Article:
THE CONJUNCTION

As the video concluded, the two audiences, Violence and Love, moved outside, together as one. The second floor balcony above the lanai of the Linekona is large and semi-circular. The Tempest culminated under a purple night sky, unblemished, for there are very few stars above bright metropolitan Honolulu. The trades were warm and gusting. On Prospero’s Island of Dreams, the tableau was ancient and eternal. A long table, which served a lavish feast of food and drink, was peopled with the entire costumed cast.

The image was sculptural, in shades of marble white and gray. The contrasting color was chunks of cardinal red meat. In the wedding, Miranda married Ferdinand and the spiritual merged with the material.

Down below on the front lawn, the former antagonist Caliban raised a white flag to the top of the mast and tied it off. The symbol of truce and restored harmony snapped in the trade winds. “Dreams and reality are not different,” said Viktoria with a smile, “Humans need for one another.”

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FLOTSAM AND JETSAM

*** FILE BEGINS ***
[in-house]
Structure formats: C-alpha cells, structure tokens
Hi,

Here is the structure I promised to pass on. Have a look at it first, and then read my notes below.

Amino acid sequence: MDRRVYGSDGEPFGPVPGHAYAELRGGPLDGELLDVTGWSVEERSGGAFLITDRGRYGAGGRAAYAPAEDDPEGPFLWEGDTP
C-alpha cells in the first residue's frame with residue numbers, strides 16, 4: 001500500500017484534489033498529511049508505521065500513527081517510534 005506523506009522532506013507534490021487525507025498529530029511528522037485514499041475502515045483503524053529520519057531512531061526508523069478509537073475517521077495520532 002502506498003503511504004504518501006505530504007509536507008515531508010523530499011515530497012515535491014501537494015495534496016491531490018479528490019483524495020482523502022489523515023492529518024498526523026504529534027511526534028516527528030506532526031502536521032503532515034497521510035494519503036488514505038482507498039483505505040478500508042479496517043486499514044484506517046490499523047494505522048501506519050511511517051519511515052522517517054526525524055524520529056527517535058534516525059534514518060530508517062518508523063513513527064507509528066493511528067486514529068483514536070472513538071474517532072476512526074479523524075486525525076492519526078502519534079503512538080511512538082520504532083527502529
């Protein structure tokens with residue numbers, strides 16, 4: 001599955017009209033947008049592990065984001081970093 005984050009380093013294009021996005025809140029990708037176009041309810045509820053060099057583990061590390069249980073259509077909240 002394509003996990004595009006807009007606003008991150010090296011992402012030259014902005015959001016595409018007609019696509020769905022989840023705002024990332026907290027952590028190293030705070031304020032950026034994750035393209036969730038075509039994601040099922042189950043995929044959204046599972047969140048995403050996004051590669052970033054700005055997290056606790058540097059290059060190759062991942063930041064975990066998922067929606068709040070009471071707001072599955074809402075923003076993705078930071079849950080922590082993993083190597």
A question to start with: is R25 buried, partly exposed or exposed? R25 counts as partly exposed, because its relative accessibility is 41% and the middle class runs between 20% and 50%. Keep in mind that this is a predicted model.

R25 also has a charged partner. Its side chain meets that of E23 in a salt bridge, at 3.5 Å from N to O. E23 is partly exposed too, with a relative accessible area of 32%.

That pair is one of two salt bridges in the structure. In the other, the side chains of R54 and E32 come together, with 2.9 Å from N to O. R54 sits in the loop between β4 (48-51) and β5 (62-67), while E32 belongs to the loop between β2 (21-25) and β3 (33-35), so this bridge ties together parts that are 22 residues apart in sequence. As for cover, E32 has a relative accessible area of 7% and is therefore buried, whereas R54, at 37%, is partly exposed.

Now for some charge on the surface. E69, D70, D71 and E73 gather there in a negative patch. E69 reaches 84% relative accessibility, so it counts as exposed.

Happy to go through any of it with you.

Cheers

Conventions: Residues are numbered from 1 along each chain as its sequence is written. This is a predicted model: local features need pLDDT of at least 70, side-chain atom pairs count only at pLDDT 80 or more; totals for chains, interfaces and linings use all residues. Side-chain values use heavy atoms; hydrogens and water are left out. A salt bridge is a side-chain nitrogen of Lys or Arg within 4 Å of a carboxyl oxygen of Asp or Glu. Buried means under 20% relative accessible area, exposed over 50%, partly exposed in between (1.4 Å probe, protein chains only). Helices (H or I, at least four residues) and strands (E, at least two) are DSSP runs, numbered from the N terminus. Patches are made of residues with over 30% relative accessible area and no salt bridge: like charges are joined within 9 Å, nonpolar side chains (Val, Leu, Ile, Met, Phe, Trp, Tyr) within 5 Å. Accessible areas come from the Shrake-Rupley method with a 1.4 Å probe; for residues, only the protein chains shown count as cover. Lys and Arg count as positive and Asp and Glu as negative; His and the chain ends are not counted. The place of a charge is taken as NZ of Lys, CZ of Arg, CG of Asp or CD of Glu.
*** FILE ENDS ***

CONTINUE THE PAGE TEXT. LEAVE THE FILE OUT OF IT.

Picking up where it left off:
The success of the production awarded no rest for the weary. With classes the next morning, the Linekona needed to be undressed, cleaned up and restored.

There was a flood in one room. Ferdinand’s nude matrimonial bath got frisky and splashy. A window was broken when an actor’s head was knocked into the glass. The dramatic fight scene had been well rehearsed for drama and safety. “During rehearsals, I kept calling for more realism when Alonzo is attacked,” said Viktoria. Fortunately, Alonzo shed no blood and survived the ordeal.

Forgiveness was hoped for. And granted. Vince Hazen, the Director of the Honolulu Museum of Art School, replied, “To make art, you have to take risks. The Tempest was a great success.”

With a case of beer and a toast of vodka, the clean up served as a glamorous and utilitarian after party for the exhausted volunteers, performers and supporters. That’s show biz. A day later, the group rejoined for a potluck, at sunset, on the beach.

The Russians had a hard time leaving Hawaii. Masha dragged her bag to the airport and flew west to Moscow. The siren call of the Pacific resounded loudly with the director; Viktoria stayed an extra two weeks. In that time, her skin grew tan and dark. She learned to surf in the near perfect waves of Waikiki.